Stacking in incommensurate graphene/hexagonal-boron-nitride heterostructures based on \textit{ab initio} study of interlayer interaction

Physical Review B 96, 085432 (2017)

Stacking in incommensurate graphene/hexagonal-boron-nitride heterostructures based on \textit{ab initio} study of interlayer interaction

Alexander V. Lebedev, Irina V. Lebedeva, Andrey M. Popov, Andrey A. Knizhnik

The interlayer interaction in graphene/boron-nitride heterostructures is studied using density functional theory calculations with the correction for van der Waals interactions. It is shown that the use of the experimental interlayer distance allows to describe the potential energy surface at the level of more accurate but expensive computational methods. On the other hand, it is also demonstrated that the dependence of the interlayer interaction energy on the relative in-plane position of the layers can be fitted with high accuracy by a simple expression determined by the system symmetry. The use of only two independent parameters in such an approximation suggests that various physical properties of flat graphene/boron-nitride systems are interrelated and can be expressed through these two parameters. Here we estimate some of the corresponding physical properties that can be accessed experimentally, including the correction to the period of the Moir\'{e} superstructure for the highly incommensurate ground state of graphene/boron-nitride bilayer coming from the interlayer interaction, width of stacking dislocations in slightly incommensurate systems of boron nitride on stretched graphene and shear mode frequencies for commensurate graphene/boron-nitride systems, such as a flake on a layer. We propose that the commensurate-incommensurate phase transition can be observed in boron nitride on stretched graphene and experimental measurements of the corresponding critical strain can be also used to get an insight into graphene/boron-nitride interactions.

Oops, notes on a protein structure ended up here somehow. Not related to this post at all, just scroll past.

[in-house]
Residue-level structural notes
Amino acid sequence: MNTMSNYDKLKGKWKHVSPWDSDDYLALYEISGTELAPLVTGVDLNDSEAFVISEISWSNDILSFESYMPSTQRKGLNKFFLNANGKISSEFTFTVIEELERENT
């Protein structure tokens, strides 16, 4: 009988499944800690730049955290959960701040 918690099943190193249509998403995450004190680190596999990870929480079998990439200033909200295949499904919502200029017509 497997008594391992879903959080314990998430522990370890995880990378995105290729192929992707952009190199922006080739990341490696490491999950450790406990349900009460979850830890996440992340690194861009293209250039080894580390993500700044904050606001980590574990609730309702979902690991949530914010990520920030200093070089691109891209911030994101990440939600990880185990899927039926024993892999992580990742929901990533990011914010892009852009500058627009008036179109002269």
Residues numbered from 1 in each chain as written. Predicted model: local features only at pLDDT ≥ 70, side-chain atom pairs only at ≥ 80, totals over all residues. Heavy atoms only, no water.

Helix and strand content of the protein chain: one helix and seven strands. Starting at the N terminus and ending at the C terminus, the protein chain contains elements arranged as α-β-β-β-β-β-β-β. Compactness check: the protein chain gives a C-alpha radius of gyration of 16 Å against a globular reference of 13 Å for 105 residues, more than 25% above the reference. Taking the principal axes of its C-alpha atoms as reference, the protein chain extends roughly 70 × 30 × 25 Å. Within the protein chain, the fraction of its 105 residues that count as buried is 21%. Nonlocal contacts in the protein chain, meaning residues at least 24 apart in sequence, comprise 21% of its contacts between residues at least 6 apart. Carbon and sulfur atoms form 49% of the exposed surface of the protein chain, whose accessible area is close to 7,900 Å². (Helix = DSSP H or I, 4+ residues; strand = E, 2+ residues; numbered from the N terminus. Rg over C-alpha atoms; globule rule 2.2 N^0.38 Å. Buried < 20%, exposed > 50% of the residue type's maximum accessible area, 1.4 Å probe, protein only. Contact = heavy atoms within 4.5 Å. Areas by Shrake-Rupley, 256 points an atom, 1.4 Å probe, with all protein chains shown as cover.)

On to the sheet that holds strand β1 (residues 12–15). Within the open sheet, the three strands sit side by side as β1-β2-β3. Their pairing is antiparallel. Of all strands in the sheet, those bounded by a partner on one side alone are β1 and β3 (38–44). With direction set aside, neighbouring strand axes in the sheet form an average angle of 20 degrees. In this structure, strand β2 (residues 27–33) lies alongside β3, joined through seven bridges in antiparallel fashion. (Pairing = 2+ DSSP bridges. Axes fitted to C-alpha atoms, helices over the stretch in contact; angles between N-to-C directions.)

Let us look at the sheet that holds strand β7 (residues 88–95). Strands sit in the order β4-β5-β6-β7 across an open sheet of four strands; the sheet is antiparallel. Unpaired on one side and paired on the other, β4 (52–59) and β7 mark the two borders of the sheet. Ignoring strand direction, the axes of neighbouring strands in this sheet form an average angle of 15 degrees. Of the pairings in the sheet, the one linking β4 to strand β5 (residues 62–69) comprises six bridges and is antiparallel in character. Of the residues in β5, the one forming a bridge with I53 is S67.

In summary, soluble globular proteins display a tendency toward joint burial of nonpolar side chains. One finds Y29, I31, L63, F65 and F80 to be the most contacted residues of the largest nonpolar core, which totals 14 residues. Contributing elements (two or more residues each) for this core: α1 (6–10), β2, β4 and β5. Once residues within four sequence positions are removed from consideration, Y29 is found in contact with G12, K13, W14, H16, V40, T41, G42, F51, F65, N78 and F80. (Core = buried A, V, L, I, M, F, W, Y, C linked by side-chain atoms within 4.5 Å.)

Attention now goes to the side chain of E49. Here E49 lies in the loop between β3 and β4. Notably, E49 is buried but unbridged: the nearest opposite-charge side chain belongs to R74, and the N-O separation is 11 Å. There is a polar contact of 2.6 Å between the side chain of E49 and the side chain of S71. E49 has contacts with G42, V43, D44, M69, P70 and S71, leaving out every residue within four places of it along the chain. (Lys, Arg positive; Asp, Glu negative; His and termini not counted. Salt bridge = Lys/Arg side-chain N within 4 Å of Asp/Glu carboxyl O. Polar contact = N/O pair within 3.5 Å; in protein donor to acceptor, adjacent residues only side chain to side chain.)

Additional Information

Download
Preprint - 1.7 MB
Doi
http://dx.doi.org/10.1103/PhysRevB.96.085432
arxiv
http://arxiv.org/abs/1708.08889

Related Projects

Related Research Areas